SE: Karol Rovelto Made the Most of Final Chance

Karol Rovelto

Aug. 11, 2012

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Editor’s Note: The 2012 Olympic Games in full-swing in London. Each Olympic year brings back some special memories for four current-day Wildcats: Associate Head Women’s Basketball Coach Kamie Ethridge, Assistant Track Coach Steve Fritz, Director of Track and Field Operations Karol Rovelto and Head Rowing Coach Patrick Sweeney. Today, K-State Sports Extra continues its Olympic feature of Wildcats in the Olympic Games with Rovelto.

By Mark Janssen

The year was 2000 and Karol Rovelto, then Karol Damon, was not in the conversation to make the women’s high jump field for the Olympic Games in Sydney, Australia.

And for that matter, Rovelto, herself, sort of laughs at how she made the USA team by winning the Olympic Trials at 6 feet, 4.25 inches.

“If you talk to Cliff, he’d tell you I got lucky,” said Rovelto of her now husband, and head track coach at Kansas State. “I had no coach, I was living in Kansas City working with my own system and going up to Nebraska to train every now and then. Honestly, I was pretty much doing my own thing.”

Today, Rovelto calls winning the 2000 Trials was a “force of will.” That force of will came from the 1996 Trials when she placed fourth.

“At a meet like the trials where only three make the team, I think some would rather be last than fourth. Fourth is absolutely the worst placing,” said Rovelto in reference to missing the USA team by one spot. “I was crushed. I mean, absolutely crushed. It was a competition where I blinked and did it to myself. Just for a second, I lost focus, and you can’t do that at the trials.”

The University of Colorado graduate and four-time All-American was so devastated, she said, “I quit high jumping. I didn’t do anything that involved track and field for at least six months.”

Slowly but surely, Rovelto came back and entered the 2000 season as a 30-year-old focused on nothing but jumping 6-4.25.

“I wasn’t concerned about winning, but only concerned about jumping 6-4.25,” she said. “I knew if I did that, everything else would take care of itself.”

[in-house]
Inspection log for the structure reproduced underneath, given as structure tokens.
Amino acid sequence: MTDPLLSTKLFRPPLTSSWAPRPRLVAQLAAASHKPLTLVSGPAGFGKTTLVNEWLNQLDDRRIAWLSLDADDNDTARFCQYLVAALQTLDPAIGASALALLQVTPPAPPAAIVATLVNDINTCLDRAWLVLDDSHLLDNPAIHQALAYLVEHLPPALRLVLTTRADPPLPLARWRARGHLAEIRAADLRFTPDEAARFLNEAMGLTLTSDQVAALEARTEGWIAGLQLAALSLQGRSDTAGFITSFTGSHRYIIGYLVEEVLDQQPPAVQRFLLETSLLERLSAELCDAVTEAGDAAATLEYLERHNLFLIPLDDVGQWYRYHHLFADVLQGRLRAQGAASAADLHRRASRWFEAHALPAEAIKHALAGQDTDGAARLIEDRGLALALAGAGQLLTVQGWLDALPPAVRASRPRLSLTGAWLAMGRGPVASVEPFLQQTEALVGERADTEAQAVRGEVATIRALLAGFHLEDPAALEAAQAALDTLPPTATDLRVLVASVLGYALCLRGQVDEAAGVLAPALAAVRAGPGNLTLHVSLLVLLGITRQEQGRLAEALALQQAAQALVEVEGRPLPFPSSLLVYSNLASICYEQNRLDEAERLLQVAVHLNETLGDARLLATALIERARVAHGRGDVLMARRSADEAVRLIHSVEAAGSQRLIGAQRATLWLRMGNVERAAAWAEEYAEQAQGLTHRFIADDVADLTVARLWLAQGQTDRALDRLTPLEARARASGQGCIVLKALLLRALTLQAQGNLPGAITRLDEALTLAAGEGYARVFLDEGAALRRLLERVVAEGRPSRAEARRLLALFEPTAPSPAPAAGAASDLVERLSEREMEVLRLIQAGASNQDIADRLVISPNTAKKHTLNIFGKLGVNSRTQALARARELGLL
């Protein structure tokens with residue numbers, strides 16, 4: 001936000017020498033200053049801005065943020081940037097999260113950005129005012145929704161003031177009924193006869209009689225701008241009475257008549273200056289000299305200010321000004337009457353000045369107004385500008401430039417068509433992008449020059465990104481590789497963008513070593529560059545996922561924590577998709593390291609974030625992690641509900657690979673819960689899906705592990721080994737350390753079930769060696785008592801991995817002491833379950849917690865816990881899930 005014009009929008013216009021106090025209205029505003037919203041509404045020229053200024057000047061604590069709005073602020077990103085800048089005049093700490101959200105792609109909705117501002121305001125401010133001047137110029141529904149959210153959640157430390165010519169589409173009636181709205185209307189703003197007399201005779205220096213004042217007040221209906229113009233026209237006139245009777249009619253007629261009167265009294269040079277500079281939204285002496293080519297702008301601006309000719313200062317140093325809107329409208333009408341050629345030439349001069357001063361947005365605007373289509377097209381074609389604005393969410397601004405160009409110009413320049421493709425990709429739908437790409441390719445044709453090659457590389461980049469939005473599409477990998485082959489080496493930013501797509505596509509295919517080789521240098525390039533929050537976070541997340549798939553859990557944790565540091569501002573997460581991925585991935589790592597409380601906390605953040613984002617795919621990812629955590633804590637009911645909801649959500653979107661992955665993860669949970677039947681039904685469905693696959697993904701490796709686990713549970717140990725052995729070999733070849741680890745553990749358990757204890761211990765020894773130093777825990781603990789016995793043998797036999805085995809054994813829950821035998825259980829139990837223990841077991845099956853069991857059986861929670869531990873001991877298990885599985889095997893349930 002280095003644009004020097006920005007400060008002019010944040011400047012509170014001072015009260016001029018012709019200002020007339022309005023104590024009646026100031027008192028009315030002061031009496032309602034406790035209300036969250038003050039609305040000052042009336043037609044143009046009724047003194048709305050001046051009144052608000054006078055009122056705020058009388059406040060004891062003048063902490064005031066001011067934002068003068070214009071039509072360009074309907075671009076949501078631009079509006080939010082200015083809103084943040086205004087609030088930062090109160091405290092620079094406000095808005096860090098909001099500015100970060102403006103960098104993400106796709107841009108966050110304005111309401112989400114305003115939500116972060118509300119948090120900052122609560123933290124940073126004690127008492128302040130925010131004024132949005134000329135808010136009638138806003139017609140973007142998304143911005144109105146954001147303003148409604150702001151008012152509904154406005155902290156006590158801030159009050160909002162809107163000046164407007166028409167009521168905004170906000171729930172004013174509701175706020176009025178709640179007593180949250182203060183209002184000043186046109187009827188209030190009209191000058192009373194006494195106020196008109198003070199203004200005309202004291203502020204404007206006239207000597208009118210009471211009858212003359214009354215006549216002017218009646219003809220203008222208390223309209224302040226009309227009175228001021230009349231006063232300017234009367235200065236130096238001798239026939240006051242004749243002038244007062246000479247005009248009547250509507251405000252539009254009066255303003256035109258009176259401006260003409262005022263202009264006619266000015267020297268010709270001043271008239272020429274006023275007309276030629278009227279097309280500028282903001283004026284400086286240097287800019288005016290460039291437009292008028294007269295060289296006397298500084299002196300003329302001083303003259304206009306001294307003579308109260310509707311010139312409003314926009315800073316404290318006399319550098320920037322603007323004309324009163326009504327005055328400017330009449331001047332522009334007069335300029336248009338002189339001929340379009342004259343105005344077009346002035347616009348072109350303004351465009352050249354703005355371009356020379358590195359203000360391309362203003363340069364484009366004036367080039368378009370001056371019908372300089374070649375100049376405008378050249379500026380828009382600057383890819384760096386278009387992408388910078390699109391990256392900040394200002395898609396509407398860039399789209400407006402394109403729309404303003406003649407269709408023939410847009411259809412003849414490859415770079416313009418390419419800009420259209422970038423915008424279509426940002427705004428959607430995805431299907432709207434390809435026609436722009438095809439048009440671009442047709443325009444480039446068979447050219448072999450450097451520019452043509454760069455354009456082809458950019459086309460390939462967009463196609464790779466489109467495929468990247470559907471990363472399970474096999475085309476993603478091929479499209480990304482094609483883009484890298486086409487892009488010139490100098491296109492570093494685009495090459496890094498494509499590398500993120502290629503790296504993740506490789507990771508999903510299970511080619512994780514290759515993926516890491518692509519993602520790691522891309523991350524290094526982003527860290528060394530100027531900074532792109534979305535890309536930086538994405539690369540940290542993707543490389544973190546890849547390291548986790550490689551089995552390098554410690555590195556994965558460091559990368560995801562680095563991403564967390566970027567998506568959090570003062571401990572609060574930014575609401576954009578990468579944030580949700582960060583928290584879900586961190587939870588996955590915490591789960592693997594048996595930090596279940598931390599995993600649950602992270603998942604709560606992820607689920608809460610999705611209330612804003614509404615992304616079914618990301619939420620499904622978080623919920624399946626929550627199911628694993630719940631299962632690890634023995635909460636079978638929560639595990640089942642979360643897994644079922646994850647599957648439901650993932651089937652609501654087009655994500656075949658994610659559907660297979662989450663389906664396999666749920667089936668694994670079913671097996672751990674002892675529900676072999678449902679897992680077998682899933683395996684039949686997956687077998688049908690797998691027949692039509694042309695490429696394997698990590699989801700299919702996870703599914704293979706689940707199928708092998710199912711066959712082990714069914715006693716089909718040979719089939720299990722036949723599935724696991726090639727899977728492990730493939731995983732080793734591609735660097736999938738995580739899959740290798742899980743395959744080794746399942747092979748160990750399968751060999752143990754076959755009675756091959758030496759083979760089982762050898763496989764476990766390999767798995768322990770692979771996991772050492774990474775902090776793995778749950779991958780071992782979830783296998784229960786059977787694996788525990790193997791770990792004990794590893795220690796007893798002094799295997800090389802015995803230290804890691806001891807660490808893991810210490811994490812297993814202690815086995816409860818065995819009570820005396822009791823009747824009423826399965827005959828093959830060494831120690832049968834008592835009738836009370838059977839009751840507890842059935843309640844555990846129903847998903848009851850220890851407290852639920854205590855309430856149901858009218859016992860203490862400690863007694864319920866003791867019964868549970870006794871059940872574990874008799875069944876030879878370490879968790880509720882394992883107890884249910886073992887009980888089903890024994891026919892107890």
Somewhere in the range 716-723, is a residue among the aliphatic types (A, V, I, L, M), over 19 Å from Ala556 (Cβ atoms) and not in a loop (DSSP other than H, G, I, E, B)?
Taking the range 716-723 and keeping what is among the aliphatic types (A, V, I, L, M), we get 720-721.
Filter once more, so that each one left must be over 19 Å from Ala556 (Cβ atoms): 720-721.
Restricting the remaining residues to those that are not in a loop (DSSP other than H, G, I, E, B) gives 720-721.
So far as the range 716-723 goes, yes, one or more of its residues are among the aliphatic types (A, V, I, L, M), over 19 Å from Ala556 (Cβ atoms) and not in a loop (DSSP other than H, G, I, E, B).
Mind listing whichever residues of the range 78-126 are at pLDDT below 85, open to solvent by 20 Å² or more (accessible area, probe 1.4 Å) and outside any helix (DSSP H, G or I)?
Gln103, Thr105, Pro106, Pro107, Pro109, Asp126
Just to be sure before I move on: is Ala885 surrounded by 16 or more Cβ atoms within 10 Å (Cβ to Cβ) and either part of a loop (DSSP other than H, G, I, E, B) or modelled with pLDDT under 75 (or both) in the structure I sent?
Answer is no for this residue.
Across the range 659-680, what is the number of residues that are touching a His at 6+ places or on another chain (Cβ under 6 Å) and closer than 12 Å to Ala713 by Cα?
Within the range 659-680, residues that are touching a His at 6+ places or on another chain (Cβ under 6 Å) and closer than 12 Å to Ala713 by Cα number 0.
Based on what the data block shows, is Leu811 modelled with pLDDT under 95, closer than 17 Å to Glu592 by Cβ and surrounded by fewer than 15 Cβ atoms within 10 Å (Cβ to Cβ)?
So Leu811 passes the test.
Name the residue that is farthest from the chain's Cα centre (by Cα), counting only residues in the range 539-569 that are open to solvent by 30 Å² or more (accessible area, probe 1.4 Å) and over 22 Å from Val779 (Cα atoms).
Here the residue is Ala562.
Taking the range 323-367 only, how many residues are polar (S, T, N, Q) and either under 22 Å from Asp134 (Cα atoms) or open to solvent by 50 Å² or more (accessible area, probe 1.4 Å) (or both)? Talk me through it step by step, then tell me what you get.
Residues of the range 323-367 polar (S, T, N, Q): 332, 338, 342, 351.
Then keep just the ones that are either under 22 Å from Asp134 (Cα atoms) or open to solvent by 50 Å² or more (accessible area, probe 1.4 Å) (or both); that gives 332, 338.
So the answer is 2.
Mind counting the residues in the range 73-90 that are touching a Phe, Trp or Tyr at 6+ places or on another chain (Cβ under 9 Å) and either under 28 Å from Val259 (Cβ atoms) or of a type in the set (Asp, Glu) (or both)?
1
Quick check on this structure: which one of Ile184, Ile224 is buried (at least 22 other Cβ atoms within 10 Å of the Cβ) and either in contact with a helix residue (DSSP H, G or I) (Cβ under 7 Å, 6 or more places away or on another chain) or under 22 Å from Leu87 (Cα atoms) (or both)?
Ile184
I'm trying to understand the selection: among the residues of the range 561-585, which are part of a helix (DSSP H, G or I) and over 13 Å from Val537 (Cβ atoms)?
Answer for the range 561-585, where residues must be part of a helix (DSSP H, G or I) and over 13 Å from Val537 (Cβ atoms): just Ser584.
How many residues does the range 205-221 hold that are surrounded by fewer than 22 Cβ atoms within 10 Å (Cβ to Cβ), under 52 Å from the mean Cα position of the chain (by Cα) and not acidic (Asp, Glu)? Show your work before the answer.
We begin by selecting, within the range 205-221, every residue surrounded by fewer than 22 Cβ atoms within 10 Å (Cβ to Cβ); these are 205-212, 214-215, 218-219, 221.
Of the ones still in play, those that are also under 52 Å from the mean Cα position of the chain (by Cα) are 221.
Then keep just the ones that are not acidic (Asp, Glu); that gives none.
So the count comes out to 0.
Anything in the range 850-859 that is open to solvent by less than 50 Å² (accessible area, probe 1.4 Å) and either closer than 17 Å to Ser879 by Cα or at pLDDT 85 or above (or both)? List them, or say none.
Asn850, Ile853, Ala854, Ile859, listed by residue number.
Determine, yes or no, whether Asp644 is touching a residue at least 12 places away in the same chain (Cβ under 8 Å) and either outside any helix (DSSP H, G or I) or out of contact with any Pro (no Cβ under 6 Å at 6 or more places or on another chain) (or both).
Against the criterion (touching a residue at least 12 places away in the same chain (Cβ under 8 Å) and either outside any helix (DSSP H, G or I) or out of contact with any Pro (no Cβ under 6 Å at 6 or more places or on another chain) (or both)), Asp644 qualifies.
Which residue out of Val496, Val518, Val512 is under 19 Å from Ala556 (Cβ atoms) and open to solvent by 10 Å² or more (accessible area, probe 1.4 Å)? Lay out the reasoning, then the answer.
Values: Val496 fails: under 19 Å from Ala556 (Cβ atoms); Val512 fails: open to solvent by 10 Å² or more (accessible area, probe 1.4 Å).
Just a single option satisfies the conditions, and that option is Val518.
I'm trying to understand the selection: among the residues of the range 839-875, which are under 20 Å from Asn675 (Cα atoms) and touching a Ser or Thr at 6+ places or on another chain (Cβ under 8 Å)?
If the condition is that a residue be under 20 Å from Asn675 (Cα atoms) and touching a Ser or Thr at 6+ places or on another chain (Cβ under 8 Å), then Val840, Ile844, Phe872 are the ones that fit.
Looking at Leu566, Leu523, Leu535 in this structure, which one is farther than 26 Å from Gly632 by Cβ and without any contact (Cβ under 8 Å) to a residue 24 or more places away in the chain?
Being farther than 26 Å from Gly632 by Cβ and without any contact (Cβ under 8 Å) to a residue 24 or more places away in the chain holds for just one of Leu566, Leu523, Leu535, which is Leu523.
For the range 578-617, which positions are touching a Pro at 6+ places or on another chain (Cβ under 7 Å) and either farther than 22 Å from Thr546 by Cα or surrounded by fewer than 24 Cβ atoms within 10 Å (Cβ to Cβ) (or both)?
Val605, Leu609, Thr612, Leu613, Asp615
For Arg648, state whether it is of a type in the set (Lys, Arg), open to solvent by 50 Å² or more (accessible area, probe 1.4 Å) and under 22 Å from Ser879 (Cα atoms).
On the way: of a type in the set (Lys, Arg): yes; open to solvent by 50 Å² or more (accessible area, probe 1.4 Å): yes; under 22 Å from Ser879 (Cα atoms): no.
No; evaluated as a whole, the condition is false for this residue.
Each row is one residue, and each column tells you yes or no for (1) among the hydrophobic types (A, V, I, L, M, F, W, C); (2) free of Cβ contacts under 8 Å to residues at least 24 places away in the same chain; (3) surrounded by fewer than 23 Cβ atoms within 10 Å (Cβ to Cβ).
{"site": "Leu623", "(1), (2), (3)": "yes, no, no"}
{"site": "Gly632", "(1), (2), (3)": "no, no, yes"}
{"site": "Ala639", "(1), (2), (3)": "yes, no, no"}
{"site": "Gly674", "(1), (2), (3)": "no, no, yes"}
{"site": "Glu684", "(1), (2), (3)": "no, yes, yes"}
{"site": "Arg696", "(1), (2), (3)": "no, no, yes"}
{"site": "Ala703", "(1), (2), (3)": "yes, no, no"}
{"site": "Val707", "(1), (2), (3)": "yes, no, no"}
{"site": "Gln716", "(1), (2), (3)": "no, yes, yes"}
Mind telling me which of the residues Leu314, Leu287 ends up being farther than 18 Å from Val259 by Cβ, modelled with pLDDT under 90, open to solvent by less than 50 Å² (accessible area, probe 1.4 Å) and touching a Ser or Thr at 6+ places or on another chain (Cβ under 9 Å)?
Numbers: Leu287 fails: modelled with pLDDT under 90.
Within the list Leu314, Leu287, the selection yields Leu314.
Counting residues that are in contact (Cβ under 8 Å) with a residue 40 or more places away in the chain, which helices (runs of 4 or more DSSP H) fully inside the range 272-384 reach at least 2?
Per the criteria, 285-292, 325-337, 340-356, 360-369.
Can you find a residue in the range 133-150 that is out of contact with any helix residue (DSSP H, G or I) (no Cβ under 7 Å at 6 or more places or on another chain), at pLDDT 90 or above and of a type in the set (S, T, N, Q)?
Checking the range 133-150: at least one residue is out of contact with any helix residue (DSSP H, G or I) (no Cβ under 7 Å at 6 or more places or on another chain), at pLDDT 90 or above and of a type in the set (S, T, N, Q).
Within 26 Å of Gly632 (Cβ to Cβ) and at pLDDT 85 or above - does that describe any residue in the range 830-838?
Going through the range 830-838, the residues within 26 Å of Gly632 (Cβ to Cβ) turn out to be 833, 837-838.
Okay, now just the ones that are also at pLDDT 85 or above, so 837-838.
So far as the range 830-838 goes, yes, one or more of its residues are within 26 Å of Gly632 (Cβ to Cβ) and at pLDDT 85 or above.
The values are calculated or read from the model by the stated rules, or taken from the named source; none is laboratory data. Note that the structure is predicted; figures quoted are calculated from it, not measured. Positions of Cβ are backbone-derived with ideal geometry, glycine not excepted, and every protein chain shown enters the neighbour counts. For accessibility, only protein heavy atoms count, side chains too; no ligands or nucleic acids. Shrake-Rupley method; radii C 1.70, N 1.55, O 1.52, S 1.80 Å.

That would end up being the height that Rovelto cleared to win the 2000 trials. At the Olympics in Sydney, she topped the bar at 6-2.5, which was the leading American, but only good for 24th place at the games.

Today, Rovelto, K-State’s Director of Track and Field Operations, says of her experience, “I’m very proud of making that team. As they say, ‘Once an Olympian, Always an Olympian.’ You’re not an ex-Olympian, but you’re always an Olympian.”

Looking back, Rovelto says at 26 years of age in 1996, she probably wasn’t ready for the “instant celebrity” of being an Olympian.

But four years later, she says, “I was more prepared mentally for all the stuff that goes on around an Olympic Game setting. There wasn’t a concern of being star-struck with the surroundings.”

While saying that she took part in some of the hoop-la, she said, “I went down the last minute possible because I wanted to train in the United States. When I got there, it was to do a job and not hang out with other athletes.”

Rovelto, who has a personal record of 6-5.5 in the high jump, does say the Olympic ceremonies were “the coolest thing,” but it didn’t come without some pain.

For whatever reason, Rovelto was near the head of the pack of USA Olympians when their turn came to circle the stadium, “We had the largest group, and I remember turning around and all I could see were USA athletes. That really gave me the chills. It was really, really cool.”

What wasn’t really, really cool was the team uniform, which includes a dress-type shoe.

“It was the first time I had worn those shoes, and I was on my feet for hours with the ceremony, and then we had to walk a long ways to catch the bus to go back to the village,” said Rovelto. “I had blisters everywhere.”

While Rovelto stayed in the village with the vast majority of the USA team, the true headliners like the basketball “Dream Team,” Marion Jones and Serena Williams opted to stay in private housing.

“What you really tried to do is not get sucked into all the hoop-la,” said Rovelto. “It was such a hassle to get places, so you stayed in your own routine. You were there to do a job. If you’re not careful, it can be an over-whelming experience.”

Rovelto says all of her Olympic gifts, such as a leather jacket and watch, are packed away, but there is one Olympic memory that she carries with her all the time: a tattoo of the Olympic Rings on the inside of her right ankle.

“I got that as soon as I got home from the trials,” said Rovelto. “It indicates Olympian forever.”

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